Stroll through beautiful woodlands, flower gardens, and ecosystems from all seven regions of the state at the University of Kentucky Arboretum!
By: Alisha Trenalone
There are few things more peaceful than taking a leisurely walk through the woods.
There’s even a catchy name for it that’s taken off in recent years: “forest bathing.” Whether or not you like to describe your outdoor time in such a fanciful way, you probably know the simple pleasure of it.
It’s especially rewarding when you can find a green oasis somewhere in the midst of a city.
The University of Kentucky Arboretum in Lexington, Kentucky, is one such beauty spot. Have you ever visited? Here’s what to expect if you go!
What to Know Before You Go
The arboretum, which is also Kentucky’s official state botanical garden, sprawls across 100 acres near downtown Lexington.
There’s plenty of parking at the lot off Alumni Drive, and the property is open every day – except when there’s a football game scheduled at the nearby stadium. (One word: traffic!)
Admission is free, but there is a small cost if you want to visit the children’s garden.
Sometimes there are special events, exhibits and workshops: you can check out the calendar at the arboretum website.
Visiting the University of Kentucky Arboretum
If you’re fortunate enough to visit the arboretum in spring, likely the first thing you’ll see once you leave the parking lot is a spectacular display of tulips.
Within sight of these flower beds is the small visitor center, with educational materials and displays, as well as restrooms.
This central hub of the arboretum can be a bit busy on nice-weather days and weekends. But once you get out onto the paths, you’ll find room to spread out.
From the visitor center, you can pick which direction you want to explore, and there’s really no wrong way to do it.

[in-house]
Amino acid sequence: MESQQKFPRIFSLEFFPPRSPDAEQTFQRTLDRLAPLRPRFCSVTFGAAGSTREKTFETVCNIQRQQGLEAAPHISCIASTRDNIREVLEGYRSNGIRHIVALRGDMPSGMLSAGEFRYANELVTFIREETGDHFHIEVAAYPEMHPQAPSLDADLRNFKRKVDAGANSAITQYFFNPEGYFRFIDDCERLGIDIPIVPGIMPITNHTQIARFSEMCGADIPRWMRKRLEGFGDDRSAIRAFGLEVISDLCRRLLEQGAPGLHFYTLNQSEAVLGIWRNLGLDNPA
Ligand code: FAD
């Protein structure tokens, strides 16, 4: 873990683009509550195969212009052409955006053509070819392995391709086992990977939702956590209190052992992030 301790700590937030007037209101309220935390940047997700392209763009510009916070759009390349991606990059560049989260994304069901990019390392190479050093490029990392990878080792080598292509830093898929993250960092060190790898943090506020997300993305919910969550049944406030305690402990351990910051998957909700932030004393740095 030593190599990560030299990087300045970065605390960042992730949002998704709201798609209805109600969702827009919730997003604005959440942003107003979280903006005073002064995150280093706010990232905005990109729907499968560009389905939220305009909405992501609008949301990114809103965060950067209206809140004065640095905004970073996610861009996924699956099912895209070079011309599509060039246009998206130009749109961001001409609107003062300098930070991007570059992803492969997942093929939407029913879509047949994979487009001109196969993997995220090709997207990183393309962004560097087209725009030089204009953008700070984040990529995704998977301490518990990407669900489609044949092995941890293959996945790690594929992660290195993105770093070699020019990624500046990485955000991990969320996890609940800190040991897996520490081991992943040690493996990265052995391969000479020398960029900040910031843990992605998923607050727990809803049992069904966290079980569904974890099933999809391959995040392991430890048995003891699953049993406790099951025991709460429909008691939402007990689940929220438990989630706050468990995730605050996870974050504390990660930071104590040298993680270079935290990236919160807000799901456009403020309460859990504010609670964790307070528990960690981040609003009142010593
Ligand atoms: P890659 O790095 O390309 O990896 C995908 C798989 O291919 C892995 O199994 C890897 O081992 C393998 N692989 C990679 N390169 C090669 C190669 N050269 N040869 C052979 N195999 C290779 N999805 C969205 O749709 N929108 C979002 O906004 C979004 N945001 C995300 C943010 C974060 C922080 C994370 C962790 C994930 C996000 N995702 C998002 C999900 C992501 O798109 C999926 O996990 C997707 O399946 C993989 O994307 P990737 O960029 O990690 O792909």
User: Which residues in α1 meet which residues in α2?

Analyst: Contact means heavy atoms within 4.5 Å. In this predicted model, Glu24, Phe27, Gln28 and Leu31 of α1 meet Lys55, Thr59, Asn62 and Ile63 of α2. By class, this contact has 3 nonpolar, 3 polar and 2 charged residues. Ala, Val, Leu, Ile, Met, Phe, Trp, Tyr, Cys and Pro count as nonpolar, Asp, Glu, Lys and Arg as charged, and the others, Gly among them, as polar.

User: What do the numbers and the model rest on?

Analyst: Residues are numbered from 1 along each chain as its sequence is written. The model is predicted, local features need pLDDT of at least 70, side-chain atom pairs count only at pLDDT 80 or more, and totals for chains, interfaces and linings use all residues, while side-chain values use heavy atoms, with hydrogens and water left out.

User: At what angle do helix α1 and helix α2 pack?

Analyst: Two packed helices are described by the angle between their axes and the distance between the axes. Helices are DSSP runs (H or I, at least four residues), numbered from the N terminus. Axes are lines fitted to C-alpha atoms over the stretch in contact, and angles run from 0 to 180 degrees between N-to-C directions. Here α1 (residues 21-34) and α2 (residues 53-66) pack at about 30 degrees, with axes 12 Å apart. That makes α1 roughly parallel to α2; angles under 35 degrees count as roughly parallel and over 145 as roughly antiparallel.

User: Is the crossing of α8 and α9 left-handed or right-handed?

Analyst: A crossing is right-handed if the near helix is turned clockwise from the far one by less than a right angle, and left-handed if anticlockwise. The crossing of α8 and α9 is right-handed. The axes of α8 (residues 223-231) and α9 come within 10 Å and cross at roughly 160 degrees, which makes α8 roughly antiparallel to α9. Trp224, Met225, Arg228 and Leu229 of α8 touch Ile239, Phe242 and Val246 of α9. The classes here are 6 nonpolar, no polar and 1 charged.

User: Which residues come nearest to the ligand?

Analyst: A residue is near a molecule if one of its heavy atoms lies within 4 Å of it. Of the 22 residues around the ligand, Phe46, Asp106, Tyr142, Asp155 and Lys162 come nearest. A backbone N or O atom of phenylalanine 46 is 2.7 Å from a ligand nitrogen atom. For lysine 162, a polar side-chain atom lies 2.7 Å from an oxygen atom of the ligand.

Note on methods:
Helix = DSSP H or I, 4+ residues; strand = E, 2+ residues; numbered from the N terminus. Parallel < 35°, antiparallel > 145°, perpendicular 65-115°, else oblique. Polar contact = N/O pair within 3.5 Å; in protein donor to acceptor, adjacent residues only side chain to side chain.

“Walking Across Kentucky” at the Arboretum
The paved path, which is a two-mile loop, is known as the “Walk Across Kentucky” because it’s divided into the seven different ecosystems of the state.
Signs along the way explain the type of trees and terrain each area is known for.
Want to get off the pavement? Keep your eyes open for dirt paths branching off at various intervals.
Once you’ve diverged from the main path, you’re all the more likely to find secluded, peaceful views.
When I visited in mid-spring, most of the trees had yet to leaf out, but the flowering ones were at peak.
On the western side of the park are the Arboretum Woods, a 15-acre home to old and rare trees. There’s a separate half-mile trail there.
Walking the Gardens
Towards the interior of the arboretum are gardens for flowers, vegetables, and herbs, along with a pond, gazebo, pergola, and other picturesque elements.
It’s not uncommon to see photos being taken in this area for things like prom, engagements, or weddings. Commercial photo permits are available as an annual pass, or just for a one-hour session.
The demonstration gardens are geared toward displaying species that are ideal for cultivating locally.
The horticultural displays aim to inspire you to take some ideas home and experiment.
Spring is, of course, my favorite time to visit the arboretum. But there’s a variety of flowers and design features to keep things beautiful throughout the growing season.
Kentucky Children’s Garden
Just on the other side of the parking lot and to the left, you’ll find the two-acre Kentucky Children’s Garden.
The children’s garden encourages play, as well as a hands-on approach to gardening for little ones age 2-6. There’s a small admission fee, which includes special activities some days during the summer.
Check the website calendar for programming.
Just looking for a place to picnic? The arboretum has that too!
The last time I went, I met up with friends who brought pickup from The Local Taco. (Lexington has many other flavorful options nearby like Pietana and Han Woo Ri.) Enjoying some delicious local eats under the trees is a great way to begin a visit.
And then, whether you have the time for a quick walk, or a long leisurely interlude, the green spaces await you!